Office Migration Puts Addison Back On The Redevelopment Map
Addison officials rolled out an economic development plan last year when they noticed redevelopment activity picking up in their city.
Addison's blueprint includes plans for a 29-acre mixed-use development south of Addison Circle Park, near Arapaho Road and Quorum Drive.
"Within the next few weeks or so, we hope to put a request for proposals out to hire a real estate company that will help us market those sites for potential development," Addison Director of Economic Development and Tourism Orlando Campos said.
Addison's vision for the Arapaho-Quorum area is a mixed-use development filled with residential and office product.
After 67 years as an incorporated city, Addison is ready for a comeback even though it never really left the collective consciousness of brokers and tenants who prefer its centralized location and business-friendly vibe.
"We are continuing to reinvent ourselves," Campos said. "We are a city that is nearly built out, so our focus now is on identifying areas that are ripe for redevelopment."
The community faces no shortage of potential value-add projects with 60% of Addison's office stock, or roughly 15.6M SF, built in the 1980s. Another 18.1% came out of the ground between 1990 and 2000, according to CoStar.
While these older assets are dated enough to create strong value-add plays, they require much less investment than office stock from the 1950s, '60s and '70s, CoStar Director of Market Analytics Paul Hendershot said.
"They have a tremendous opportunity for developers to go in and breathe new life into some of these buildings with good bones and great locations ... and reinvent that area," Hendershot said.
The owner and operator intends to add a 15K SF park to the center, establish 50K SF of creative office space and ensure the exteriors are improved to give the mixed-use development a fresh look. The site sits at the corner of Beltline Road and Montford.
Office is one of the asset classes most in demand for value-add investors in Addison.
Seventeen Addison office buildings larger than 100K SF went through renovations this past decade, Hendershot said. That is 20% of Addison's entire office stock.
One such property is the 166K SF Bent Tree Tower II office building bordering the Tollway.
Colliers International, which has brokered the sale of several Addison office assets recently, helped Regent Properties sell Bent Tree Tower II to a partnership created by Hudson Peters Commercial. Before it sold the property, Regent Properties invested $4.7M in building improvements.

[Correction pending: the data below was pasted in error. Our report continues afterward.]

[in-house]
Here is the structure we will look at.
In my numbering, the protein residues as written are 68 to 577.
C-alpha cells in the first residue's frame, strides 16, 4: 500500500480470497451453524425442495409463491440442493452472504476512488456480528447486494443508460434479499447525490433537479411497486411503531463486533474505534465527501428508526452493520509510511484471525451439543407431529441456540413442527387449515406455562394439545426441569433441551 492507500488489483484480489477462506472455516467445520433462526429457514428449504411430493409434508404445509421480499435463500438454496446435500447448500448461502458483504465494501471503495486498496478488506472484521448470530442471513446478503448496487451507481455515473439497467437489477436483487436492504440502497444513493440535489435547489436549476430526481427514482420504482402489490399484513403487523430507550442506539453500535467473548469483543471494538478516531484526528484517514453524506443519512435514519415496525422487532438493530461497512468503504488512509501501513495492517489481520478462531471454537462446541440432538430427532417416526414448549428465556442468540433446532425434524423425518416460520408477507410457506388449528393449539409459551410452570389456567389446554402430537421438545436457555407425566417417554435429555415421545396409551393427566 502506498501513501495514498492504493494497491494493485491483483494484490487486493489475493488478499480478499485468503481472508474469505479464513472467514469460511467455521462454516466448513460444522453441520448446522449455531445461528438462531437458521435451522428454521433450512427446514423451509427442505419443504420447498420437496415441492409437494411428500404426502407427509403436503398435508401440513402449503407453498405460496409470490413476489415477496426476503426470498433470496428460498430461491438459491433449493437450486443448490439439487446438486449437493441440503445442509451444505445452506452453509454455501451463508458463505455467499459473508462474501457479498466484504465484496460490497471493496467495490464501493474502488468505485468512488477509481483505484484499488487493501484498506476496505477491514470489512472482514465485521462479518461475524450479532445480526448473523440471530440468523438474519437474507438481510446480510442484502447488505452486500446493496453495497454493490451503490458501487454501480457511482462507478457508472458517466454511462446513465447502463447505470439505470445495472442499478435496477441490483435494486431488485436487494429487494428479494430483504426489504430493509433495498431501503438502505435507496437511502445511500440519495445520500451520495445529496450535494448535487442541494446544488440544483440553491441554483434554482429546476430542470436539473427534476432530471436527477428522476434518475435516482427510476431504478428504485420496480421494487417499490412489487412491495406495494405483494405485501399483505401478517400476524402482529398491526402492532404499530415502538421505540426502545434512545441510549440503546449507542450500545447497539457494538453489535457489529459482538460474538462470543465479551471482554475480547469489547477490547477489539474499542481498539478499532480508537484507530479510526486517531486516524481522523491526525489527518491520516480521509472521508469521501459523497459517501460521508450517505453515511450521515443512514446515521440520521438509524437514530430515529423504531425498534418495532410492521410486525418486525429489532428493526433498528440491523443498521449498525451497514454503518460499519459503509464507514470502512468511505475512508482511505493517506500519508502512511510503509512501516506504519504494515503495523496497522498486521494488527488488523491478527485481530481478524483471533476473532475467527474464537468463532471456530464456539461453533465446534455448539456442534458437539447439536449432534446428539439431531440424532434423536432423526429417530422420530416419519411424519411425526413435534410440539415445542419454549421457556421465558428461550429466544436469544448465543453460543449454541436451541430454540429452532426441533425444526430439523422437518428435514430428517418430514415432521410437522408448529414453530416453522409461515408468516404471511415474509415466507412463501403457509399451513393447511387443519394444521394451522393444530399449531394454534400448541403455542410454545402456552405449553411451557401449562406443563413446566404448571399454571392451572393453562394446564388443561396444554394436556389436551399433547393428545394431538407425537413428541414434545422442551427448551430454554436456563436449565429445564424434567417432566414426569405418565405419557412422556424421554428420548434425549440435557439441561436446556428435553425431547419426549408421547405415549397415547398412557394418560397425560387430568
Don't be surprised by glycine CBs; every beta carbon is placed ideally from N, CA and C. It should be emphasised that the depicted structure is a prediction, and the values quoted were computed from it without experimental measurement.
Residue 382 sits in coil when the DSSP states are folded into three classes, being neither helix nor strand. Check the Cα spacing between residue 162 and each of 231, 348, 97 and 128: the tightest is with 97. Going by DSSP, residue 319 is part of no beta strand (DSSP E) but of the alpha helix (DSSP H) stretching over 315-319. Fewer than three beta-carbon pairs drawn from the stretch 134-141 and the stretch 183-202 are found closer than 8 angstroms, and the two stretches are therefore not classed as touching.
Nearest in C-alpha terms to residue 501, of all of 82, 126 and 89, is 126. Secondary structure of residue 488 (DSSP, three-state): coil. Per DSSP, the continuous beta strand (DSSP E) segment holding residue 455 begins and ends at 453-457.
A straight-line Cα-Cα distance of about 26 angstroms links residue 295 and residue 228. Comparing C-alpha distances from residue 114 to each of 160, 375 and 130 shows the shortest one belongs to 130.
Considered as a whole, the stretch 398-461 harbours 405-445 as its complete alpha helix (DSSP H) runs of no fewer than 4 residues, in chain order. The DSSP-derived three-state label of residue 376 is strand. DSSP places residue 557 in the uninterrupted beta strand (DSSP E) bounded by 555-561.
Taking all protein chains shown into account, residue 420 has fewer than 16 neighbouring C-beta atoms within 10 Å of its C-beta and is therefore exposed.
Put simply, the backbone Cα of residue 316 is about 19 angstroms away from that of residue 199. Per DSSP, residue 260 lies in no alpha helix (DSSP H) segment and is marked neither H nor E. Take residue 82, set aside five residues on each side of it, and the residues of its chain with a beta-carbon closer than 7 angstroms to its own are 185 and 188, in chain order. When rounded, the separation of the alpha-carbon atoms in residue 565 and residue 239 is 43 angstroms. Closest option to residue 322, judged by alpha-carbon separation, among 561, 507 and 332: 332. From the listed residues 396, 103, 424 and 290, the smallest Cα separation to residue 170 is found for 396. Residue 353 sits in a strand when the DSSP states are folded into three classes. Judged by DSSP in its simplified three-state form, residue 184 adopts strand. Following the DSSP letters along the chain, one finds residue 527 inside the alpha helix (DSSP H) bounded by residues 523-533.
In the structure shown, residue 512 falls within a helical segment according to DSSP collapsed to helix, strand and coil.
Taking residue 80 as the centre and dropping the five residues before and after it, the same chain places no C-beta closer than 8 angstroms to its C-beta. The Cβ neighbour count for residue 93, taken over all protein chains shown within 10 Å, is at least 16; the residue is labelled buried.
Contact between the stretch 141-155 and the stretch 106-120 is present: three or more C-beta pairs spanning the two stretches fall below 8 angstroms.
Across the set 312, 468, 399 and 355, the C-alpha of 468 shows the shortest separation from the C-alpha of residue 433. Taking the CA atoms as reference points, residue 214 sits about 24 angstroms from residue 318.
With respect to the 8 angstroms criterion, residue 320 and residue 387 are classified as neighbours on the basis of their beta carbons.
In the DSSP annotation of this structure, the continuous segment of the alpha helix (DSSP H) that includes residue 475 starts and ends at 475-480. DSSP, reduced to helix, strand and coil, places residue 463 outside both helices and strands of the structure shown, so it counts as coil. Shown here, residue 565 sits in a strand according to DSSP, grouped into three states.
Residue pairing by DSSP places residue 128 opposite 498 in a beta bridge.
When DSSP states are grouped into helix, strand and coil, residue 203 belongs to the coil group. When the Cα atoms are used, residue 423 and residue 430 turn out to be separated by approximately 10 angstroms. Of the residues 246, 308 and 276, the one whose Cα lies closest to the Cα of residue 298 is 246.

Colliers International Executive Vice President Creighton Stark credits the sale and others in Addison to skyrocketing rental prices in other Tollway office markets, mainly Plano and Frisco and those south of I-635.
As DFW became one of the hottest office markets in the country for investors and tenants, those markets simply became too expensive for tenants who moved there several years ago, Stark said.
"Because [office tenants] signed their leases in those two pockets about seven to 10 years ago, they are currently facing some major sticker shock because their rental rates have gone up 50% to 100% from when they originally signed," Stark said.
As a result, investors are keen on Addison, where they can redevelop older 1980s and 1990s office, multifamily and retail stock, while keeping prices below competing submarkets.
The average office rent in Addition is $26.51 per SF, compared to $23.10 per SF in 2014, according to CoStar data.
Based on current growth projections, CoStar estimates Addison's average office rent will reach $29.02 per SF by 2024. But even if Addison rents shoot up to $30 per SF, they will remain competitive along the Tollway.
Competing West Plano already has office products leasing for $33.87 per SF on average, while Frisco office rents average $32.95 per SF.
Farther south on the Tollway, Preston Center's office market already demands an average rent of $39.70 per SF, while Uptown rents average $42.93, CoStar data shows.
With rents like these, Addison has plenty of room to improve its price point without losing the affordability factor.
"They have quite a bit of runway," Hendershot said of investors. "You have a delta of almost $6 or $8 overall, and then if you look at Class-B [office] in Frisco [compared] to Addison, it's almost $8 [delta], so I think there is a lot of room for growth."
Addison EDC and the city have several other redevelopment plays on their radar.
A former Sam’s Wholesale Club that shuttered its doors a few years ago is now part of a redevelopment play on Beltline and Midway Road, Campos said.
Known as the Addison Grove project, the site will eventually house 117 townhomes, 330 apartments and another 20K SF of retail space, Campos told Bisnow.
The Inwood Corridor in Addison also is ready for a retail rebound. Years ago, the corridor became known as the liquor store alley for dry cities in North Dallas.
But with liquor laws updated and more municipalities allowing liquor sales today, the Inwood Corridor is primed for redevelopment.
"We have lost that luster [there], and so we are looking at redeveloping that area with more retail as well as office space," Campos said.
The investors who are making Addison competitive again are those who understand how to attach value-add projects to existing assets near the Tollway.
"The landlords have done the responsible thing of going in and improving properties to a level that tenants are used to having in the Legacy [Business Park area] north of George Bush, and south of the [I-635] pockets," Stark said.